“‘Why not get a connection to that data to allow you to extract those records and use them for your audit work?” Kirton asked. “These are the kinds of things audit firms need to be thinking about now to make sure that, as these systems are introduced, they can continue the audit work they already do and, therefore, still apply good audit thinking.” 

 

Kirton said some of the questions auditors should ask are:

 

  • What are the risks?
  • How does this change my audit universe?
  • How does this impact my suppliers?

 

Ultimately, he noted, auditors need to make sure they have the right risk assessment methods, testing strategies and tools to deal with blockchain. 

 

Auditors and Blockchain — Real-world Examples

 

Kirton illustrated how several industries are already using blockchain to make processes more efficient and reduce costs. One example is TradeLens, an open and neutral blockchain-based supply chain ecosystem that includes cargo owners, shipping companies, logistics providers, ports and customs officials. 

 

A typical shipping transaction can involve more than 20 parties with many manual workflows, siloed data in different formats and data being replicated multiple times by the various parties.

 

Using blockchain, TradeLens is able to track more than 120 shipping events on each shipment, digitize more than 20 common document types, deliver a secure workflow and drive standardization and automation to reduce costs and shipping times. 

 

“If you increase the efficiency even just a little bit, you will really increase the tradeflow,” Kirton noted.

 

Another example Kirton cited was PharmaLedger, a European consortium of 29 partners encompassing pharmaceutical firms, hospitals, universities, patient organizations and technology companies communicating with one another over blockchain. The initiative’s goal is to accelerate the delivery of innovations that benefit everyone in the ecosystem.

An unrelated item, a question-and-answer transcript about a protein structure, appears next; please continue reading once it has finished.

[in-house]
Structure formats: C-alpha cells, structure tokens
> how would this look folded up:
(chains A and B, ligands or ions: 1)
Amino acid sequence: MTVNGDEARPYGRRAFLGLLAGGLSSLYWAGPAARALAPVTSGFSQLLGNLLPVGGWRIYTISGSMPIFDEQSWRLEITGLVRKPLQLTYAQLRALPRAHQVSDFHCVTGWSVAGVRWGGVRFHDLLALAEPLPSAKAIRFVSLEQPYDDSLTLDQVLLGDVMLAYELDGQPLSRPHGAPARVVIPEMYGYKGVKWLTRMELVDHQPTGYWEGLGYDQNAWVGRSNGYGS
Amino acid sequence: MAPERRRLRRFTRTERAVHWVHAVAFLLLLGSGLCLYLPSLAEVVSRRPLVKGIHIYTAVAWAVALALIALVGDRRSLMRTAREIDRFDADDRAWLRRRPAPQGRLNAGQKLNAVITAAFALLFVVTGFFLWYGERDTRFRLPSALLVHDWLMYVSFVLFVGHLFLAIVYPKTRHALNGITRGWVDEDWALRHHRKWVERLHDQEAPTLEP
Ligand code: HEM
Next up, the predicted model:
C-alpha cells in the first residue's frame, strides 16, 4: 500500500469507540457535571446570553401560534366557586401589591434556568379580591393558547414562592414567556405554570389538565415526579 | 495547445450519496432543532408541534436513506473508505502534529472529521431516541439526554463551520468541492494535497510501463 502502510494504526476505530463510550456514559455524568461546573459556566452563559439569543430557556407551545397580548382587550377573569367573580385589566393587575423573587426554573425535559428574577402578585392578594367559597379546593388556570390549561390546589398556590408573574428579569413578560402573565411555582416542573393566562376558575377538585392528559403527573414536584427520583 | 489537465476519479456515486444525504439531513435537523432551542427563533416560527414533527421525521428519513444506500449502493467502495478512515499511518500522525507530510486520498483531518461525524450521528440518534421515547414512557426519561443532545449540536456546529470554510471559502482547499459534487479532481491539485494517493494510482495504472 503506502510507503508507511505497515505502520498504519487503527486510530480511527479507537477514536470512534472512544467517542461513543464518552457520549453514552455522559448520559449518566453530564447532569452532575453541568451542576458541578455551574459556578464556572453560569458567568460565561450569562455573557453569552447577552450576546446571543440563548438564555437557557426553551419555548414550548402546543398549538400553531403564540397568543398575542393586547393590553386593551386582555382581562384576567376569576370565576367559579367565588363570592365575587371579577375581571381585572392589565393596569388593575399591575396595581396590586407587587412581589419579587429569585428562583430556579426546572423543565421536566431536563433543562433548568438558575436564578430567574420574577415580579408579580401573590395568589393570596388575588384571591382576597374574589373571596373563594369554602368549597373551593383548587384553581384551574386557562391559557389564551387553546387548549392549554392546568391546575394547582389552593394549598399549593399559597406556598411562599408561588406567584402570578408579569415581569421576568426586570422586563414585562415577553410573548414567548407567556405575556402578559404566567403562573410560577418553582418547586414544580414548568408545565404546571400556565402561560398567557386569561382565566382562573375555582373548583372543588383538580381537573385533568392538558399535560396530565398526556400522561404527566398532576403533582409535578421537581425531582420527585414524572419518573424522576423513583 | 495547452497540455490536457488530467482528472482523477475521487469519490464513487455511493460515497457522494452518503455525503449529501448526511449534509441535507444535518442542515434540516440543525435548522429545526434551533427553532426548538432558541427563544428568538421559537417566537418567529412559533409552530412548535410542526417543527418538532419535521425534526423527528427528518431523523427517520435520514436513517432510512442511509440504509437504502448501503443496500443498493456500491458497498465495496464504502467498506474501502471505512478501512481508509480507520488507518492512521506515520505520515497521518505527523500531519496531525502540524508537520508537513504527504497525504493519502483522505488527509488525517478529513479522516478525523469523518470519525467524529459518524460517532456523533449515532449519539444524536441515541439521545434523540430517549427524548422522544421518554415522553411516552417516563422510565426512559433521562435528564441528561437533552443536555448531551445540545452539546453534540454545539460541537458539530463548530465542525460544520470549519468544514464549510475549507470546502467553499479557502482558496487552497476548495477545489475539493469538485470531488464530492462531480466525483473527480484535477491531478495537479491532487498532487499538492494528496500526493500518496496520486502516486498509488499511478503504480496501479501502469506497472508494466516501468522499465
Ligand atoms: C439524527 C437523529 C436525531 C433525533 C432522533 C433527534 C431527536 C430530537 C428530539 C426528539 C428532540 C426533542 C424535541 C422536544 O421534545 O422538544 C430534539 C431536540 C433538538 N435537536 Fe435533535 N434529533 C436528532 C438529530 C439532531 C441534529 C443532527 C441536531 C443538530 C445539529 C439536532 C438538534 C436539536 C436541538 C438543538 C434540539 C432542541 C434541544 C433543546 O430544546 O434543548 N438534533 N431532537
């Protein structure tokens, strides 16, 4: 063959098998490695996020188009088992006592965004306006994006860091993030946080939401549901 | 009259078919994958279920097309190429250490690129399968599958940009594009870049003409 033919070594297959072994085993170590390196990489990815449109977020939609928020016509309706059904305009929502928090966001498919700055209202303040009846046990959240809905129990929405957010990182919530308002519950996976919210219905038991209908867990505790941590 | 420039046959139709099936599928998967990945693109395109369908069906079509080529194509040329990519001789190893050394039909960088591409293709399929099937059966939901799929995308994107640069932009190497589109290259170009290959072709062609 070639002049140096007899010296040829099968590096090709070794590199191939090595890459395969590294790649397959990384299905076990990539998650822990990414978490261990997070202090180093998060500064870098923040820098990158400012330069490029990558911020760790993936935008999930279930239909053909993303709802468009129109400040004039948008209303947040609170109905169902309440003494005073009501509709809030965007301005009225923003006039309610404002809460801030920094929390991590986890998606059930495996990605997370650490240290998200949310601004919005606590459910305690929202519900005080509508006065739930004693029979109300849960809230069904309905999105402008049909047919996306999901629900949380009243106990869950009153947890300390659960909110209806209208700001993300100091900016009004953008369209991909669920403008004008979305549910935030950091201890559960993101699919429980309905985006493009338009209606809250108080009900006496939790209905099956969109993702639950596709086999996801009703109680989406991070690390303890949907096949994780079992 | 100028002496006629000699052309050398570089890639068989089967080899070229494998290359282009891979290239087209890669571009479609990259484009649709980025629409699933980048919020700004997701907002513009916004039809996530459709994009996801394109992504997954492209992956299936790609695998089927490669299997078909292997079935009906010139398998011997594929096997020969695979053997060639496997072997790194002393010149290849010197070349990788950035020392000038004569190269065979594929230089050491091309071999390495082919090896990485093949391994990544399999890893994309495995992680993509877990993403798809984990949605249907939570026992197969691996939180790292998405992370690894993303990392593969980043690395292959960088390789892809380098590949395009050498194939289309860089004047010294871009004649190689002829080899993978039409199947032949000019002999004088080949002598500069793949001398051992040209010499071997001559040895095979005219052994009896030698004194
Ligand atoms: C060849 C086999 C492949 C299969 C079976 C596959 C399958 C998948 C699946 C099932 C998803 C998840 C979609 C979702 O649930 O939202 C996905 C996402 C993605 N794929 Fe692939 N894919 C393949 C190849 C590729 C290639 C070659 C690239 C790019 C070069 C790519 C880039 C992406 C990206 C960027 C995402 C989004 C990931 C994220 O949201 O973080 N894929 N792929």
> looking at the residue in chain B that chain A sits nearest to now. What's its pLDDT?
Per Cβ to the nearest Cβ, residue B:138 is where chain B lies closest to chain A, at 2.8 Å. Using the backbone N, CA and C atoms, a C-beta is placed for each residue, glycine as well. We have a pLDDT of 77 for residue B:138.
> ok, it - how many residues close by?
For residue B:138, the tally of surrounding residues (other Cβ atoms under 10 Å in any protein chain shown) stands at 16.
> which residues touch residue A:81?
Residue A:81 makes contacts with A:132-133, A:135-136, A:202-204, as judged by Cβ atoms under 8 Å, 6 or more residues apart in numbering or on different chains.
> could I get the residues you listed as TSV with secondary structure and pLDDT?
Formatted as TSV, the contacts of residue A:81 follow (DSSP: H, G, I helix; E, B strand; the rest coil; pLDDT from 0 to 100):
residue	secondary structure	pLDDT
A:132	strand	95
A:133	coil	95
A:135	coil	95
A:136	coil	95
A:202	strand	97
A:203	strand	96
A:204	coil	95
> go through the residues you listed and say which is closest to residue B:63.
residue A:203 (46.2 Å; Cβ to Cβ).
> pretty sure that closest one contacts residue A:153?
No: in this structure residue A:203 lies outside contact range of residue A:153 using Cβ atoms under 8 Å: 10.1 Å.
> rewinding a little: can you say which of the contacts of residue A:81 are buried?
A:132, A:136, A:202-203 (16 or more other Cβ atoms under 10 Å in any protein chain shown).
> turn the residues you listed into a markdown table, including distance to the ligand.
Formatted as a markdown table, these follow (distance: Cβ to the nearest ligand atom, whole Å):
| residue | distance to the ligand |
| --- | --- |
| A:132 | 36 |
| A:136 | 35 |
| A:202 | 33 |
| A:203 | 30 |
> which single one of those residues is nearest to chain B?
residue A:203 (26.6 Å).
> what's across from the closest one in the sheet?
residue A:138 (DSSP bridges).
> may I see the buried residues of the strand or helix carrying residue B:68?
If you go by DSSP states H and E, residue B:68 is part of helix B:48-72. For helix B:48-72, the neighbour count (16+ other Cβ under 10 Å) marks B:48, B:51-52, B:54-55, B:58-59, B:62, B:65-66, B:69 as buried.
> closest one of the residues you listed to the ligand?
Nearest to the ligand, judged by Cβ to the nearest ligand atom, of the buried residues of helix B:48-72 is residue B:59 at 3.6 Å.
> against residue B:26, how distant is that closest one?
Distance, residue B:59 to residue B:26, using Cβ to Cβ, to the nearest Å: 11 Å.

One PharmaLedger initiative is designed to boost consumer trust in medicines. A person could scan a QR code on a medicine package and receive a blockchain-based eLeaflet about the medicine, including the latest updates, any recall information or advice on safe disposal.

 

Another PharmaLedger program aims to make clinical trials more efficient. It does so by supporting secure remote data capture from internet-connected medical devices and integrating that data with advanced analytics. This will reduce the number of visits trial patients need to make to clinics.

 

A New Audit Technology

 

Blockchain is going to transform how companies and consumers perform transactions, Kirton said, but it won’t replace the need for good auditors who can think about the technology and its implications.

 

“The fact we have complete records date-stamped in real time is music to an auditor’s ear,” he explained. “Really, what you need to do is get behind that technology and understand it’s really just business transactions that are digitized. It’s really just data. And you need to think about where that data is held and where in your companies you’re using this solution, or where your suppliers, customers or people your business transacts with are using it.”

Watch an on-demand version of the webinar here